ATLANTA, Dec. 16 (UPI) -- Adverse childhood experiences such as maltreatment and household dysfunction are common experiences in the United States, health officials say.
A report published in Thursday's Centers for Disease Control and Prevention's Morbidity and Mortality Weekly Report finds 60 percent of Behavioral Risk Factor Surveillance System respondents reported at least one adverse childhood experience -- such as verbal abuse, physical abuse, sexual abuse, family mental illness, family substance abuse, domestic violence, incarceration of a family member or divorce, U.S. officials say.
The report finds 8.7 percent of those surveyed reported five or more adverse childhood experiences.
The CDC researchers say their findings reflected few racial/ethnic differences but there were higher rates of all adverse childhood experiences -- except physical abuse -- in women.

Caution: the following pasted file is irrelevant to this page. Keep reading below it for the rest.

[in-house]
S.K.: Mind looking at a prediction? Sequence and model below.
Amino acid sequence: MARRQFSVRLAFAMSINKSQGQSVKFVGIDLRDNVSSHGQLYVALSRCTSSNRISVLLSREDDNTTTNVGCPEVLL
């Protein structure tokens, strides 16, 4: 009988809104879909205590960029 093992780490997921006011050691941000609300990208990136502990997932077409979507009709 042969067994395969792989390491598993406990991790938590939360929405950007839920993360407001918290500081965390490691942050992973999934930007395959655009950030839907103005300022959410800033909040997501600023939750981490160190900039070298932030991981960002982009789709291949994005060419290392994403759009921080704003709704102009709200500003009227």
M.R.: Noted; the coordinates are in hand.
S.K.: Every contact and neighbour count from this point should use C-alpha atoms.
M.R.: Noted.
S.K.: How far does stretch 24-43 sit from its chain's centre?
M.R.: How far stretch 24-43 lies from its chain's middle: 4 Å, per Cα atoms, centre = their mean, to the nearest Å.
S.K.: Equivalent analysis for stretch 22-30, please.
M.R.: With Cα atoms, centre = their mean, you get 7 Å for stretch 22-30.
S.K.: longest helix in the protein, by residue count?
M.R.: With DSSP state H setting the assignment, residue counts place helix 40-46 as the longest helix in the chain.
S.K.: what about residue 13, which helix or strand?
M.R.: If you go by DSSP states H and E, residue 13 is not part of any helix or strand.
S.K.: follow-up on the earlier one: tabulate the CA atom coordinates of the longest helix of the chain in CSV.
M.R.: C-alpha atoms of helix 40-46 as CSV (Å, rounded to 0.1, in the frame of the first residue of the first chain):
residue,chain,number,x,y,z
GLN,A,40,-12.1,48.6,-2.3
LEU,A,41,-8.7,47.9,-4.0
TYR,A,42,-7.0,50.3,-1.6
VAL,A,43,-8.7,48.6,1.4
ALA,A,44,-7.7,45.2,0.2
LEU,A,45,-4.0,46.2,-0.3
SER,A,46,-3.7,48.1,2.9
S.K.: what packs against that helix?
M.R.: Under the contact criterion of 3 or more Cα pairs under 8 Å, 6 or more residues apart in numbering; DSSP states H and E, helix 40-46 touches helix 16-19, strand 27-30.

There were fewer adverse childhood experiences reported by those age 55 and older, the report says.
"Stronger efforts to prevent child maltreatment and accompanying household stress need to be made and the development and dissemination of evidence-based strategies for people at risk for or who are experiencing adverse childhood experience-related problems should be increased," the report concludes.